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Holocaust Day marked in Georgia

by | Jan 28, 2013
paata zakareishvili 2013-01-27

Minister for Reintegration Paata Zakareishvili said Holocaust first happened in the heads of people, then in reality. (DF Watch photo.)

TBILISI, DFWatch — Georgia marked International Holocaust Remembrance Day on Sunday, as the Ombudsman’s Office organized a meeting at Library of Parliament in Tbilisi.

There were invited representatives of different religious confessions, foreign diplomats, government officials and anyone wishing to come, to gather and say a few words to pay tribute to the victims of the Holocaust.

The UN General Assembly adopted resolution on November 1 of 2005, after which January 27 is a memorial day for the victims of the Holocaust. The date was chosen because it was the day the Red Army liberated the prisoners in the concentration camp Auschwitz.

Ucha Nanuashvili, Georgia’s Public Defender, wrote in a statement that Holocaust is a reminder for humanity that the smallest wave of intolerance can lead us to the edge of destruction of the human existence.

“Holocaust is a reminder for each of us to actively resist intolerance to race, ethnic, religious, and sexual and other minorities.”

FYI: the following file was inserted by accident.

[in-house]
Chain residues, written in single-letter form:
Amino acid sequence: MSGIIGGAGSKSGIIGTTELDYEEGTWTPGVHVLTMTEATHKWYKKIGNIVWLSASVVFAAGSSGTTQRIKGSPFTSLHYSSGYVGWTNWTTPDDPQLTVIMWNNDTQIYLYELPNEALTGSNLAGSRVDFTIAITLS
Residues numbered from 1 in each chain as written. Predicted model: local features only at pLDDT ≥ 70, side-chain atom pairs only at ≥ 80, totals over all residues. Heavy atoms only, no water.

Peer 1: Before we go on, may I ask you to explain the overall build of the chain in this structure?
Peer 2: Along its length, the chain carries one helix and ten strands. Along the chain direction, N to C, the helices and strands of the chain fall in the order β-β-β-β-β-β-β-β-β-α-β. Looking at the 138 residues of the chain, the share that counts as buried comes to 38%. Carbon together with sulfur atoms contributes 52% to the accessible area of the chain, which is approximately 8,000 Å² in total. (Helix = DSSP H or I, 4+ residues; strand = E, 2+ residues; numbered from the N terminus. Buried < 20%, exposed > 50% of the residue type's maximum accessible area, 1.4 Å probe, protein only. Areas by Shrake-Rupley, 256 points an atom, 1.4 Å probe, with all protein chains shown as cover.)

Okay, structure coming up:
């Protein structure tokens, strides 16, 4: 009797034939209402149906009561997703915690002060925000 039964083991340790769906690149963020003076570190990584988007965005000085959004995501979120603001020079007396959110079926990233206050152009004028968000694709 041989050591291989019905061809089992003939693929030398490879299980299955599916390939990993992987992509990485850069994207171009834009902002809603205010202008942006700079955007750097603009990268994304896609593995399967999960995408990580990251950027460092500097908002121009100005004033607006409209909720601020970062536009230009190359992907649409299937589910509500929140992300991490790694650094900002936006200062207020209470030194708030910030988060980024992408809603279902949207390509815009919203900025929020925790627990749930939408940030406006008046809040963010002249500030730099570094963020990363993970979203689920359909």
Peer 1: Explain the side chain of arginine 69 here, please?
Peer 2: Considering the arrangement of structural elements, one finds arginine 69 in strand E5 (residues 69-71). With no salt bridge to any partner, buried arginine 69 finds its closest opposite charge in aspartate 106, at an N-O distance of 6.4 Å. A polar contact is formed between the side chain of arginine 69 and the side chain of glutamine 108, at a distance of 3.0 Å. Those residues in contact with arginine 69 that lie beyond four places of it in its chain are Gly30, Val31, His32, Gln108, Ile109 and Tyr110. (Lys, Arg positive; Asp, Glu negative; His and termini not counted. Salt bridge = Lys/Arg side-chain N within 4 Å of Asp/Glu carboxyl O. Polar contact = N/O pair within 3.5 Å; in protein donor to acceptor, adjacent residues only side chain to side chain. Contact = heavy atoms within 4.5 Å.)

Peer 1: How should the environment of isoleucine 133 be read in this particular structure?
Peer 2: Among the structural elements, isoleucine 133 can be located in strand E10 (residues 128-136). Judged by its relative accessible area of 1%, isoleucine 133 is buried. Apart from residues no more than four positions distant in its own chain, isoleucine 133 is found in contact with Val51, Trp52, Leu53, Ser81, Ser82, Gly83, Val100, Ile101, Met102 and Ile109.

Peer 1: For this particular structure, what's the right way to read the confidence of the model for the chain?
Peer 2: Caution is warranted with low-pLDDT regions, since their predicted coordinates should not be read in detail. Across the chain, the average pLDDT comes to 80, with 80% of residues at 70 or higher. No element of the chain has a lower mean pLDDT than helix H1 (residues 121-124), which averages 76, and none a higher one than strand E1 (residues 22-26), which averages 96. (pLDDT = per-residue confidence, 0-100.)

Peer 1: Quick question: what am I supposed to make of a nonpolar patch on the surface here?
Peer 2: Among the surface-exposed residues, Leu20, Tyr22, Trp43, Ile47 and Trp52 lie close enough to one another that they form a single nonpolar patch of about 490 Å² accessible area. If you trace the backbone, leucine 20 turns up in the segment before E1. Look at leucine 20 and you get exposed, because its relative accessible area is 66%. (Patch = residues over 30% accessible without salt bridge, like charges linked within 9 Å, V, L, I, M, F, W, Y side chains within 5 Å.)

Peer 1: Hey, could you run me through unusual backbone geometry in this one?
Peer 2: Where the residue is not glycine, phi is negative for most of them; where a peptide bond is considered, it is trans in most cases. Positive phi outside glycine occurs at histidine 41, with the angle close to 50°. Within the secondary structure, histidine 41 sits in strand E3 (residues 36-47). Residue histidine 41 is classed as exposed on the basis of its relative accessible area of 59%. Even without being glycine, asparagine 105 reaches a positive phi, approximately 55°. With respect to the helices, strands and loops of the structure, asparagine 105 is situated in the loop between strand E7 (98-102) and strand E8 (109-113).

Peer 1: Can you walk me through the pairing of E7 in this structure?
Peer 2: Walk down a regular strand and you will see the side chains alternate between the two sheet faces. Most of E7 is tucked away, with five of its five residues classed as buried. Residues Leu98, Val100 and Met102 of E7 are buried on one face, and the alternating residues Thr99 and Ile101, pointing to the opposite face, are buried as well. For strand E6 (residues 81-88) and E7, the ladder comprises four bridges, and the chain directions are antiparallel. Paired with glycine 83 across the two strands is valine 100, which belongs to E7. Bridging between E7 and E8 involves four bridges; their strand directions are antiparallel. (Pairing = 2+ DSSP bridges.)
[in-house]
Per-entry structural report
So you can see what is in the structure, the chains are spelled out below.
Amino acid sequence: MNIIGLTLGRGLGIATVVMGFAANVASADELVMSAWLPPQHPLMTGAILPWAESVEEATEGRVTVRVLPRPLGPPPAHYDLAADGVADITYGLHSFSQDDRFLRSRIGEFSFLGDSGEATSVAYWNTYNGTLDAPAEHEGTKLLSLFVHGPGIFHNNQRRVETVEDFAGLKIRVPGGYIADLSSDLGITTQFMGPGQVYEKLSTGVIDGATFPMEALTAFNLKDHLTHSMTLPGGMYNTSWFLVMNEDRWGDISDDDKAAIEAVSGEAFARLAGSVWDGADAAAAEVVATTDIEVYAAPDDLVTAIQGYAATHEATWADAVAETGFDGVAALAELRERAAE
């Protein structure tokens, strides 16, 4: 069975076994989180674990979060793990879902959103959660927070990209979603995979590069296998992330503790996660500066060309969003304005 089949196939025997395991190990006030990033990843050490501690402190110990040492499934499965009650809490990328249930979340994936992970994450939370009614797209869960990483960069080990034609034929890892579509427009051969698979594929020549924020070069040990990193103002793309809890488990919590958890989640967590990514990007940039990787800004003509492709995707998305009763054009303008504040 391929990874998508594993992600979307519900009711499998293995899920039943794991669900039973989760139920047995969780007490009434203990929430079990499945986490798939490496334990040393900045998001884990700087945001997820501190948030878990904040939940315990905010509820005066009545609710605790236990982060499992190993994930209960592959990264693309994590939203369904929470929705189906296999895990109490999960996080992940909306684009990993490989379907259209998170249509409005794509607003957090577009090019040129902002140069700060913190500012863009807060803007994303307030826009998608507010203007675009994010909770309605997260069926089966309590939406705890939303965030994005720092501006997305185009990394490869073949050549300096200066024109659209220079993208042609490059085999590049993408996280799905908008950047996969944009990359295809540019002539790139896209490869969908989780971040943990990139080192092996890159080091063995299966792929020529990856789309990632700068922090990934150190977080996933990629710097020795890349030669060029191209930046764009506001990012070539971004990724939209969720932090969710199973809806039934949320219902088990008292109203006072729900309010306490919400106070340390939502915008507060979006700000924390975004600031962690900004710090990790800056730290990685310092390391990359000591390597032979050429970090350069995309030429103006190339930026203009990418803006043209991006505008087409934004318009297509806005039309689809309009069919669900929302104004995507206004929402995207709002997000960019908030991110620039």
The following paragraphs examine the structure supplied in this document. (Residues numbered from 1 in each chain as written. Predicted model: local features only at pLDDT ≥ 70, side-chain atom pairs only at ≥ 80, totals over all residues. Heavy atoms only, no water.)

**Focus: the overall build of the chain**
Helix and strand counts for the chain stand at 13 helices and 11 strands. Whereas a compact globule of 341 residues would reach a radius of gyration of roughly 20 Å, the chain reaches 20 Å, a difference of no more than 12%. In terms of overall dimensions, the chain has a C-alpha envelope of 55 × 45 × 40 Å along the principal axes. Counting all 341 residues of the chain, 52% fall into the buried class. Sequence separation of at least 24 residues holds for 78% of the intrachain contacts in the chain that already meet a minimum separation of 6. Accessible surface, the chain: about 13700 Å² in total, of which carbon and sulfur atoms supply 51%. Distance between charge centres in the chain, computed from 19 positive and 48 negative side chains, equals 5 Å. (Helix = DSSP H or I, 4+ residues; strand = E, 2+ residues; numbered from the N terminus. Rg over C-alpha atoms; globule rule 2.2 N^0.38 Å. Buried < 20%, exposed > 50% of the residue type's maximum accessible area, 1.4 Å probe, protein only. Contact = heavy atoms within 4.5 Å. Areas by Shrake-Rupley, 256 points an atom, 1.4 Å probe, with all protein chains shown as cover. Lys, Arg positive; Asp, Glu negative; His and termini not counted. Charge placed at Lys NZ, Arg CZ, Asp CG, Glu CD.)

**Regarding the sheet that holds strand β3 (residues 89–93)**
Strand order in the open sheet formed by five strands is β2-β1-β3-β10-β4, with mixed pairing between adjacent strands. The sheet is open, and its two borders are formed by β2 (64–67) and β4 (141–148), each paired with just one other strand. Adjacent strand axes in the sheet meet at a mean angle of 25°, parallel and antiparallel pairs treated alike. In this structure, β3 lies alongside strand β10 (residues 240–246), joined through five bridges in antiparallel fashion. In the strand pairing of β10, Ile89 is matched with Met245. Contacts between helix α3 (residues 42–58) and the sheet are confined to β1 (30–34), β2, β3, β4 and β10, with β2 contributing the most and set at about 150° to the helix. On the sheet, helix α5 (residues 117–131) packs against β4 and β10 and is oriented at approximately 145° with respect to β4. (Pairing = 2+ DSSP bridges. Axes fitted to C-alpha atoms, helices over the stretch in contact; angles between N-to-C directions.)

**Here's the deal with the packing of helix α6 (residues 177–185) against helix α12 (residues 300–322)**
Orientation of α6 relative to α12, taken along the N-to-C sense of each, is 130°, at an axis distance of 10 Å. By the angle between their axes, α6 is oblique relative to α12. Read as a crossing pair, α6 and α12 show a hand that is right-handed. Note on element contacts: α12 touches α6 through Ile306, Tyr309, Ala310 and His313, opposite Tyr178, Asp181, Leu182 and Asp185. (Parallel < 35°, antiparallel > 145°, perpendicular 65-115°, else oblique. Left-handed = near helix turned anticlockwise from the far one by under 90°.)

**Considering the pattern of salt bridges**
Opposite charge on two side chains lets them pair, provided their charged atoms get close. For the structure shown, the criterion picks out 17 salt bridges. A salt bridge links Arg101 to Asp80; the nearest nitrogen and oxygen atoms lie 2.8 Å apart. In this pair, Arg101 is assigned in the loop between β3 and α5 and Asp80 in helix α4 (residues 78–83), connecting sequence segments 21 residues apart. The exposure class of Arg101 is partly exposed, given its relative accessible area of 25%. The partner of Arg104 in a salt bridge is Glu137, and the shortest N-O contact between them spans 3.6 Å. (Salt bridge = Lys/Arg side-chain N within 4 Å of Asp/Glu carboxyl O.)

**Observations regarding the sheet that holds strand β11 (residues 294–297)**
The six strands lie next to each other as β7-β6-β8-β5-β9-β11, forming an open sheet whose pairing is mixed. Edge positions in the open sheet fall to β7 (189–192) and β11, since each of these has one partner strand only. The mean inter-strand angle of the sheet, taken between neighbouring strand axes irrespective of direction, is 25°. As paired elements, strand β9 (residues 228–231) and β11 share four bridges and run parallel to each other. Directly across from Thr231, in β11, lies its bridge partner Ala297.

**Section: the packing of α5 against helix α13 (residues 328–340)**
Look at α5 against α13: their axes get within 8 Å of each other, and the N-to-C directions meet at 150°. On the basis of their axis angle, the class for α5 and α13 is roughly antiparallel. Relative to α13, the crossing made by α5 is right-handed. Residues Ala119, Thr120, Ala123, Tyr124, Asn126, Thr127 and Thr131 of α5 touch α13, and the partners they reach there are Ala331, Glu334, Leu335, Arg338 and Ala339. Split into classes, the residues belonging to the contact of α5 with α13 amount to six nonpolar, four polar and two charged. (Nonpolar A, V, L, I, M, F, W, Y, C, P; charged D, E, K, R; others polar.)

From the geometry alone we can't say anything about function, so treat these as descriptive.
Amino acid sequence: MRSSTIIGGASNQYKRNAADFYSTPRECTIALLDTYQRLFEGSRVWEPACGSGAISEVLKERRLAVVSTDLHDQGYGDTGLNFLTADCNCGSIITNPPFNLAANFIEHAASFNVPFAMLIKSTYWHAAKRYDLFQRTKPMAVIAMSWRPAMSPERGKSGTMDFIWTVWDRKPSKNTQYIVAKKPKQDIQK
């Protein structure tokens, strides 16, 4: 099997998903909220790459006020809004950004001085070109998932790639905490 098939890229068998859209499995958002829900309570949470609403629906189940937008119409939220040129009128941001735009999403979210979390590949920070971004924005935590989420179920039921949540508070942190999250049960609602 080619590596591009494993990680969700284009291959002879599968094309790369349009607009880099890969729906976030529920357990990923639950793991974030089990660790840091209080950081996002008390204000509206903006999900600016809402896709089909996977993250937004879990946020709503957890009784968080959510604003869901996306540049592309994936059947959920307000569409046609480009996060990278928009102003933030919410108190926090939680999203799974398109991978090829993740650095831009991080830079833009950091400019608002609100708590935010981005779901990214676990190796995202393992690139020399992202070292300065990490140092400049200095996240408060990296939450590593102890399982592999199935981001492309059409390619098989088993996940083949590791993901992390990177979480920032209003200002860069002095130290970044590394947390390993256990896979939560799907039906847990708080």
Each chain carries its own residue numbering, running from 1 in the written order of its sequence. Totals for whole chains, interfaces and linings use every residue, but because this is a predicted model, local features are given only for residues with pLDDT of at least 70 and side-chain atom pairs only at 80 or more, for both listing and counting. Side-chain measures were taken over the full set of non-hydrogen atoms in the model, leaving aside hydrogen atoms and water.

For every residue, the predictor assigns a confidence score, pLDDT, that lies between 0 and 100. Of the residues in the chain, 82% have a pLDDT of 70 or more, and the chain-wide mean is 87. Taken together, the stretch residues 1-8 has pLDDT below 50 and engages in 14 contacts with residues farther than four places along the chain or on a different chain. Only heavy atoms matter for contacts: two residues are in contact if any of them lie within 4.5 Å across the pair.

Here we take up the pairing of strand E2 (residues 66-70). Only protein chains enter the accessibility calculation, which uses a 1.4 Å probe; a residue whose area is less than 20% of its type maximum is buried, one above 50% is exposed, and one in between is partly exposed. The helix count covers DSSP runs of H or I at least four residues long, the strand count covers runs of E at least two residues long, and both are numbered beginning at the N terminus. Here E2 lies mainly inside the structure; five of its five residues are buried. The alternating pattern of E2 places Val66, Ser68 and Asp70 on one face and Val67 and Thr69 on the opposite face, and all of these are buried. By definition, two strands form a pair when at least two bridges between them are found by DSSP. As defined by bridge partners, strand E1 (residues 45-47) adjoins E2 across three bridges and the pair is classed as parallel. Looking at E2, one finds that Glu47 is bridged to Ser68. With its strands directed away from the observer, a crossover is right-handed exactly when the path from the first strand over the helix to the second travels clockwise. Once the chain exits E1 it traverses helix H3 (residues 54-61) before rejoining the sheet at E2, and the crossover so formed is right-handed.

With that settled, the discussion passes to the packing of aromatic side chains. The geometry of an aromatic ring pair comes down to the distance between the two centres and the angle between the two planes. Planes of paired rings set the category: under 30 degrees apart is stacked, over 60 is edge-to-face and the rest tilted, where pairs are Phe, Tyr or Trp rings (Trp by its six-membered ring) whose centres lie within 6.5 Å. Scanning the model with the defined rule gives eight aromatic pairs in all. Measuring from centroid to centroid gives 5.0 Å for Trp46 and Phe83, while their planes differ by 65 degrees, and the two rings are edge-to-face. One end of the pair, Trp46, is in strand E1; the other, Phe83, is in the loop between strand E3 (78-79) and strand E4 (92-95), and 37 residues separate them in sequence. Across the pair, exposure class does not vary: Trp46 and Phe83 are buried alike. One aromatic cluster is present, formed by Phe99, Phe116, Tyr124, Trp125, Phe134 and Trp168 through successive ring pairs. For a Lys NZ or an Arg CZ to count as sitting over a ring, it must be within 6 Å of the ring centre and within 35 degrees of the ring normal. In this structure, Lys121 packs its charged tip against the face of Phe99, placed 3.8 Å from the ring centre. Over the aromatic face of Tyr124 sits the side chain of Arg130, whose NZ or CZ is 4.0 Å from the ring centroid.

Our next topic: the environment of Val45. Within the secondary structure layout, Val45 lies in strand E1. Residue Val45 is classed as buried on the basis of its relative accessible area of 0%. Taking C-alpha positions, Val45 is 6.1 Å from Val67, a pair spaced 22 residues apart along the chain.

He remembered famous Georgian cleric, theologian and historian St. Grigol Peradze, who lived in Poland during World War II. He sheltered many people during the war, but he was caught and put in jail. Then he was moved to Auschwitz.

Survivors from the camp who met him there later remembered that Peradze was together with a Jewish man with many children. The Nazis were going to send this man to the gas chamber, but Peradze felt sorry for him and took the blame on himself. He was killed December 6, 1942 instead of this man.

The Public Defender quoted him in his statement, that citizenship is about listening to the opinions of others, finding humanity in other humans and valuing it.

“Citizenship is sacrificing; self-sacrifice for another person’s happiness.”

Paata Zakareishvili, Minister of Reintegration, who attended today’s meeting, said that Holocaust first happened in the heads of people, and then it happened in reality. People were getting ready for this, as Holocaust committed in the heads resulted in a horrible reality in the future.

“I think Holocaust continues in people’s heads and there are still cases when people, especially politicians, dare to make discriminatory statements towards religious, ethnic or other minorities, but which aren’t met with appropriate reaction from the society,” he said, adding that humanity experienced this tragedy and does not have the right to let such statements pass without special attention.

The guests at the meeting lighted candles at photographs of the Holocaust victims.



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